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• Dutch artist Piet Mondrian's abstract, rectangular paintings

• inspired mathematicians to create a two-fold challenge.

• First, we must completely cover a square canvas with non-overlapping rectangles.

• All must be unique, so if we use a 1x4, we can't use a 4x1 in another spot,

• but a 2x2 rectangle would be fine.

• Let's try that.

• Say we have a canvas measuring 4x4.

• We can't chop it directly in half,

• since that would give us identical rectangles of 2x4.

• But the next closest option - 3x4 and 1x4 - works.

• That was easy, but we're not done yet.

• Now take the area of the largest rectangle,

• and subtract the area of the smallest.

• The result is our score,

• and the goal is to get as low a score as possible.

• Here, the largest area is 12 and the smallest is 4,

• giving us a score of 8.

• Since we didn't try to go for a low score that time,

• we can probably do better.

• Let's keep our 1x4

• while breaking the 3x4 into a 3x3 and a 3x1.

• Now our score is 9 minus 3, or 6.

• Still not optimal, but better.

• With such a small canvas, there are only a few options.

• But let's see what happens when the canvas gets bigger.

• Try out an 8x8; what's the lowest score you can get?

• Pause here if you want to figure it out yourself.

• To get our bearings, we can start as before:

• dividing the canvas roughly in two.

• That gives us a 5x8 rectangle with area 40

• and a 3x8 with area 24,

• for a score of 16.

• Dividing that 5x8 into a 5x5 and a 5x3 leaves us with a score of 10.

• Better, but still not great.

• We could just keep dividing the biggest rectangle.

• But that would leave us with increasingly tiny rectangles,

• which would increase the range between the largest and smallest.

• What we really want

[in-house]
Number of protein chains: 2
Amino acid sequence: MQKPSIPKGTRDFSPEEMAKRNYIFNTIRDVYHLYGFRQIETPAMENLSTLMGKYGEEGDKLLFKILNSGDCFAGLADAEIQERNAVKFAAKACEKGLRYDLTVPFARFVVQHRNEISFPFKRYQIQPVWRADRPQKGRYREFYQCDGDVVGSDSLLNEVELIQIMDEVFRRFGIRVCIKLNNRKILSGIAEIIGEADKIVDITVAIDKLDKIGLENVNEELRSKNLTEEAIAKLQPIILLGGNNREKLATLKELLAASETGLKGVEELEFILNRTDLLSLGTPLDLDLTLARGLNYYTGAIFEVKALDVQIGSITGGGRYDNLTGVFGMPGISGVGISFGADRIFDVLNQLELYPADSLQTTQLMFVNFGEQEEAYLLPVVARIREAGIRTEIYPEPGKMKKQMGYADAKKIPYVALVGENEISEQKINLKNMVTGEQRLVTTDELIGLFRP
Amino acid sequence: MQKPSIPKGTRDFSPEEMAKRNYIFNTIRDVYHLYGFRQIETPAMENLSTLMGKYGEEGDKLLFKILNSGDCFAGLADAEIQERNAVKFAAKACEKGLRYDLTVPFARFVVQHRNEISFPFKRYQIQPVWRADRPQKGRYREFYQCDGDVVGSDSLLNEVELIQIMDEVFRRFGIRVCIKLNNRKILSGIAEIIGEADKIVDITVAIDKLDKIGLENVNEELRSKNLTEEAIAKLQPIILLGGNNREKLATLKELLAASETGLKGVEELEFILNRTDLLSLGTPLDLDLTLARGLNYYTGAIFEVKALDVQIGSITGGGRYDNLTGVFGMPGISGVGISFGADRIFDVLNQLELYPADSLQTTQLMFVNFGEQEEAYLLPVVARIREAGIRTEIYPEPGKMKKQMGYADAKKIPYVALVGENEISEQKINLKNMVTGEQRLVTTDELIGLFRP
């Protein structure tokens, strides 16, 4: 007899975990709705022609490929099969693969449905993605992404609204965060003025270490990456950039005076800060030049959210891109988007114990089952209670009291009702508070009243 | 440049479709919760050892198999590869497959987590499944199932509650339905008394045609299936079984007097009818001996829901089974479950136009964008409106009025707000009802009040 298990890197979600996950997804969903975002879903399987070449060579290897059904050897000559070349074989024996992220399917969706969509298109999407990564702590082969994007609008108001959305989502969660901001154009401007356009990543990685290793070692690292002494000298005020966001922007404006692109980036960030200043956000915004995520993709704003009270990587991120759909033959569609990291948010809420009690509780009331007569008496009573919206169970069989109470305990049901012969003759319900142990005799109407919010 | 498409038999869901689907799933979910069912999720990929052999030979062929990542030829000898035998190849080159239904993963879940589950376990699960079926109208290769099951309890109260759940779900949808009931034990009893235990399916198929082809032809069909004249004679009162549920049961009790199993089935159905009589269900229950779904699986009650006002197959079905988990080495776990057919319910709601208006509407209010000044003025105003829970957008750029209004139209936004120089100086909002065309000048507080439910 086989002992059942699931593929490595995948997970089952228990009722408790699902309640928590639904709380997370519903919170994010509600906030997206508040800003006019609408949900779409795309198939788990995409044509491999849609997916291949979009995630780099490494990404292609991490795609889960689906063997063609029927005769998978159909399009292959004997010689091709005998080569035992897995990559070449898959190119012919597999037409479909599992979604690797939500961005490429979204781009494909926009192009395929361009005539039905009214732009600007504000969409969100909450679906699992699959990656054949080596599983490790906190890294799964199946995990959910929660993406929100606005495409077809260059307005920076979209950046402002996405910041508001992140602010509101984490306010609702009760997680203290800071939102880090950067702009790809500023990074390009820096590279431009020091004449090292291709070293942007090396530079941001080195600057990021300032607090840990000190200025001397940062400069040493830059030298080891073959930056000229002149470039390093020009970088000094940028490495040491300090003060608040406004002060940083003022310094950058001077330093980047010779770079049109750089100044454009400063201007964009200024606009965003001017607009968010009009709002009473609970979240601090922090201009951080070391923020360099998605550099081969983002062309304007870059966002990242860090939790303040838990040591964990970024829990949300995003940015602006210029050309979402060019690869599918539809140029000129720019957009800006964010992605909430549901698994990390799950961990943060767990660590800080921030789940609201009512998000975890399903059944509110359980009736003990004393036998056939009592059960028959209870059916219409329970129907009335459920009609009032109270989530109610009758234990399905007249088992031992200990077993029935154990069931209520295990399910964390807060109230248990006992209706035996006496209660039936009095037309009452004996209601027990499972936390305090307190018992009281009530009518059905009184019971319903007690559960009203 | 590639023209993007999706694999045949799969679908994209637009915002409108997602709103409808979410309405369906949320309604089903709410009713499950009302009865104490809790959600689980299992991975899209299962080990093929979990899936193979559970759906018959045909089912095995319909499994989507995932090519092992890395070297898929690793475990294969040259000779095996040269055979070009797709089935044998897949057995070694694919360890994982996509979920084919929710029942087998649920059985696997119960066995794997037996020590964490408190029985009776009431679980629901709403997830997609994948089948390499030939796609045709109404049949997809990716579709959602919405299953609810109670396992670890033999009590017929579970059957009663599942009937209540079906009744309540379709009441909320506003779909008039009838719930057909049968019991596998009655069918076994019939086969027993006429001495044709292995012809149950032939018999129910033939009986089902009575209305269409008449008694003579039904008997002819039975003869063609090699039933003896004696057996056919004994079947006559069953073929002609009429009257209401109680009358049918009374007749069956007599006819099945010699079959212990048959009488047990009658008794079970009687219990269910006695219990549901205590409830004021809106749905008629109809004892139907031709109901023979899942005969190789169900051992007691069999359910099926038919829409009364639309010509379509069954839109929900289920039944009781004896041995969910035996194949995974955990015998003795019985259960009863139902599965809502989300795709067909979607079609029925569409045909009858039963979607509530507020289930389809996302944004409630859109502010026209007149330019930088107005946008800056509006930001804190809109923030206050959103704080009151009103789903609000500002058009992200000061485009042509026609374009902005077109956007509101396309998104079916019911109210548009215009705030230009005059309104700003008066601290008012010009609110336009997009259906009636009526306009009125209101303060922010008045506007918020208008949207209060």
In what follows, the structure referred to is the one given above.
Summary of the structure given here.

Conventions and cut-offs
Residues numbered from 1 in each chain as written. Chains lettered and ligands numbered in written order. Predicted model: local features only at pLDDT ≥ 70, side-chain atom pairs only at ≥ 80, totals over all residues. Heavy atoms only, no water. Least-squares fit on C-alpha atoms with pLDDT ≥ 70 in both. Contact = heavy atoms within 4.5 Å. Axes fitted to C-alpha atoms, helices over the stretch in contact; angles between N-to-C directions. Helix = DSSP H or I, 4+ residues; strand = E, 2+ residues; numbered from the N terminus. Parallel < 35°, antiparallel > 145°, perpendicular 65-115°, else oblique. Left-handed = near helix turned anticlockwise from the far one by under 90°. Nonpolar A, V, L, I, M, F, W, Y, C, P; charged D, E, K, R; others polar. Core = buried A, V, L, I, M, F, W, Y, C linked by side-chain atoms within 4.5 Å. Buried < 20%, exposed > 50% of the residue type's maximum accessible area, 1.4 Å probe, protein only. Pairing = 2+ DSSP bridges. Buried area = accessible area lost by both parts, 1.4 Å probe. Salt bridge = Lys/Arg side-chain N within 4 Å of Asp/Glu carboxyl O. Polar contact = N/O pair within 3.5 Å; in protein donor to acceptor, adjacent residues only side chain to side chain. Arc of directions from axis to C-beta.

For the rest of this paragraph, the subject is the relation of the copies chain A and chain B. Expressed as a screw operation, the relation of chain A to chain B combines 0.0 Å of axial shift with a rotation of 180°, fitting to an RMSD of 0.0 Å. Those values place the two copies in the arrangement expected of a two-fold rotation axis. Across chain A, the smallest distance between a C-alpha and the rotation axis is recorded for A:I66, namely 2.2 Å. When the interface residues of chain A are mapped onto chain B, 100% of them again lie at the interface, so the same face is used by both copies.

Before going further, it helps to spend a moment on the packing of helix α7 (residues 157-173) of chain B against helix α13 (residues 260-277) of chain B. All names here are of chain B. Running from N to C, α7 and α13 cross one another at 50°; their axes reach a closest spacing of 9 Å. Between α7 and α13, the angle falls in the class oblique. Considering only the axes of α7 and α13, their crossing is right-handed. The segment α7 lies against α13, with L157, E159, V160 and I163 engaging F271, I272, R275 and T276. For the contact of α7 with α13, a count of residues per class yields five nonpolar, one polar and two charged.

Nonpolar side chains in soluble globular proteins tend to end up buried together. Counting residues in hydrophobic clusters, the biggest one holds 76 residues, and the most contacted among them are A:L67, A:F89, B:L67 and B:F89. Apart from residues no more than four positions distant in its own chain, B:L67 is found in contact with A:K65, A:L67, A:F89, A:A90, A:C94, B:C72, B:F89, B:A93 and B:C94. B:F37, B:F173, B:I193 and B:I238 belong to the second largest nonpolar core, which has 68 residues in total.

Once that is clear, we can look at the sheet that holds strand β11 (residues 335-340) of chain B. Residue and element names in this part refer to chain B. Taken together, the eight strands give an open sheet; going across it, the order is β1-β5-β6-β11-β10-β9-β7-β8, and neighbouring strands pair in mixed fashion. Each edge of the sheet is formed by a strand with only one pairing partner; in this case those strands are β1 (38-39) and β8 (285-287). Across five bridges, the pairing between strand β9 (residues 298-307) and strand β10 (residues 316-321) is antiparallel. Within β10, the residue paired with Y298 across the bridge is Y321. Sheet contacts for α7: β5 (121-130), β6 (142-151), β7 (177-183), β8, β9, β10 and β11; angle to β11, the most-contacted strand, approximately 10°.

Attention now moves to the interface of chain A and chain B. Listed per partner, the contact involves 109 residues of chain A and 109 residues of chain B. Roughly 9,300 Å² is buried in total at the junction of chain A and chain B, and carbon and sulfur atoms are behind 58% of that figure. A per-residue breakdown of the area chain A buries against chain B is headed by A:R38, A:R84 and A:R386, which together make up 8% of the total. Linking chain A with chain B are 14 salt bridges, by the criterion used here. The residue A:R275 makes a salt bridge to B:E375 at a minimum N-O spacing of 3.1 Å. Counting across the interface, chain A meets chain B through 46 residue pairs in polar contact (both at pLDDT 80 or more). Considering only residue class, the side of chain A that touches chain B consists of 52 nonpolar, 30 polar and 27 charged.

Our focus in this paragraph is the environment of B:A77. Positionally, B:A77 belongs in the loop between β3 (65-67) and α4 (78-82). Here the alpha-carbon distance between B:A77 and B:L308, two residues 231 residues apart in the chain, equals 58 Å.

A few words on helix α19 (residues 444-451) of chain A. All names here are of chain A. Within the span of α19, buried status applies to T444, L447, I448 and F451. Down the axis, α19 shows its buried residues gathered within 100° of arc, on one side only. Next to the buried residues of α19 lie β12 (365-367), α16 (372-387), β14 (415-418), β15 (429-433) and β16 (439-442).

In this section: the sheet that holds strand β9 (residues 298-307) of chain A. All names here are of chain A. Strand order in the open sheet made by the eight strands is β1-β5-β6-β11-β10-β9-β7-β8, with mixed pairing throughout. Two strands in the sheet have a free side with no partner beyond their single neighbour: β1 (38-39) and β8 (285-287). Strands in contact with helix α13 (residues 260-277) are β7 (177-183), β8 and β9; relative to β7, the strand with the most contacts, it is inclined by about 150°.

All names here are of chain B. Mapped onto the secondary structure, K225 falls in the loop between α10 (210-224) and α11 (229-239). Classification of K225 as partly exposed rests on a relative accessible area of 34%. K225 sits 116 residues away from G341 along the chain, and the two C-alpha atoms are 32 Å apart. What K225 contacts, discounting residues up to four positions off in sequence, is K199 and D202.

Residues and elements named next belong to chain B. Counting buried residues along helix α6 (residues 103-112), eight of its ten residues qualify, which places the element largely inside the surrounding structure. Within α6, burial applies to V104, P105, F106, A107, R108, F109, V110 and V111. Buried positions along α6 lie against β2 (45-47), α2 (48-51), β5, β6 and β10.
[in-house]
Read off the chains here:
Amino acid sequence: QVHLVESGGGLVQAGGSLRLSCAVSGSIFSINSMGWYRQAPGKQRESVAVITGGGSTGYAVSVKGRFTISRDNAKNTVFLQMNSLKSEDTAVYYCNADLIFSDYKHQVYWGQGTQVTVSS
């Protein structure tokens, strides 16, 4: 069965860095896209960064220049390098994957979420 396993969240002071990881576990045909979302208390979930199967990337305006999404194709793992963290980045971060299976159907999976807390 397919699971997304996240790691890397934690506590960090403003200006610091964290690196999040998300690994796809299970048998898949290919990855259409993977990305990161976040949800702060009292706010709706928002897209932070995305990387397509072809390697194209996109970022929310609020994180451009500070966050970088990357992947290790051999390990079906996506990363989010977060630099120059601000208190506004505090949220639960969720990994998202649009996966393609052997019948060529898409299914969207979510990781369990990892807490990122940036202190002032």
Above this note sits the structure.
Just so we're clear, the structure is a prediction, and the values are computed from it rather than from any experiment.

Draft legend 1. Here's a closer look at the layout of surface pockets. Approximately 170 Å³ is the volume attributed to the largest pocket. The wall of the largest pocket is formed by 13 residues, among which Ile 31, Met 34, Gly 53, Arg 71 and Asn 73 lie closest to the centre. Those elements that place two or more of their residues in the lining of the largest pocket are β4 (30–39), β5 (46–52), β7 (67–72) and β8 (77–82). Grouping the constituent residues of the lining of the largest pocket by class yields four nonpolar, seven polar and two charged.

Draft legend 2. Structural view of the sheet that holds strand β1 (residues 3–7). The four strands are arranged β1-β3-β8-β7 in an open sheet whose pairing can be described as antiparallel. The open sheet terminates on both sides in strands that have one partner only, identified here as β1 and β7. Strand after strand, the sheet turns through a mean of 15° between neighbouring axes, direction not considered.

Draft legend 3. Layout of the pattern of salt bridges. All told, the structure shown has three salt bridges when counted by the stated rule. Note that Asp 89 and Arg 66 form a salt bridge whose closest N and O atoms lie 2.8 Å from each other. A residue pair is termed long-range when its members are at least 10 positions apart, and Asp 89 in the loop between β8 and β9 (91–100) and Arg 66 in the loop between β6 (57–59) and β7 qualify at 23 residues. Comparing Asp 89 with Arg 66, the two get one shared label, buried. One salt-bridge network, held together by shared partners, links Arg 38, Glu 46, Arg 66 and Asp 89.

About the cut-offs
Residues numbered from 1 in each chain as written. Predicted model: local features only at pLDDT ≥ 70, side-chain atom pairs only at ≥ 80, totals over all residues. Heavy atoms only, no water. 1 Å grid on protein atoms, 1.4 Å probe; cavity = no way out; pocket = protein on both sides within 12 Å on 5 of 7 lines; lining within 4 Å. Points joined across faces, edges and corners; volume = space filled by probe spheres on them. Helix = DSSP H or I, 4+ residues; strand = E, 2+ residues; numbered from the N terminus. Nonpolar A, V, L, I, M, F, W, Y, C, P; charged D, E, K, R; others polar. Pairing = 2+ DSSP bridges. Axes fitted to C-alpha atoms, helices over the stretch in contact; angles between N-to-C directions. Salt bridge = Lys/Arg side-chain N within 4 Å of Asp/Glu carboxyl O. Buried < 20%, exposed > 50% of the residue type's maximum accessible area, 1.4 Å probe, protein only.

• is for all our rectangles to fall within a small range of area values.

• And since the total area of the canvas is 64,

• the areas need to add up to that.

• Let's make a list of possible rectangles and areas.

• To improve on our previous score,

• we can try to pick a range of values spanning 9 or less

• and adding up to 64.

• You'll notice that some values are left out

• because rectangles like 1x13 or 2x9 won't fit on the canvas.

• You might also realize

• that if you use one of the rectangles with an odd area like 5, 9, or 15,

• you need to use another odd-value rectangle to get an even sum.

• With all that in mind, let's see what works.

• Starting with area 20 or more puts us over the limit too quickly.

• But we can get to 64 using rectangles in the 14-18 range,

• leaving out 15.

• Unfortunately, there's no way to make them fit.

• Using the 2x7 leaves a gap

• that can only be filled by a rectangle with a width of 1.

• Going lower, the next range that works is 8 to 14,

• leaving out the 3x3 square.

• This time, the pieces fit.

• That's a score of 6.

• Can we do even better?

• No.

• We can get the same score by throwing out the 2x7 and 1x8

• and replacing them with a 3x3, 1x7, and 1x6.

• But if we go any lower down the list,

• the numbers become so small

• that we'd need a wider range of sizes to cover the canvas,

• which would increase the score.

• There's no trick or formula herejust a bit of intuition.

• It's more art than science.

• And for larger grids,

• expert mathematicians aren't sure whether they've found the lowest possible scores.

• So how would you divide a 4x4,

• 10x10,

• or 32x32 canvas?

• Give it a try and post your results in the comments.

Dutch artist Piet Mondrian's abstract, rectangular paintings

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# Can you solve the Mondrian squares riddle? - Gordon Hamilton

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ally.chang posted on 2020/02/25
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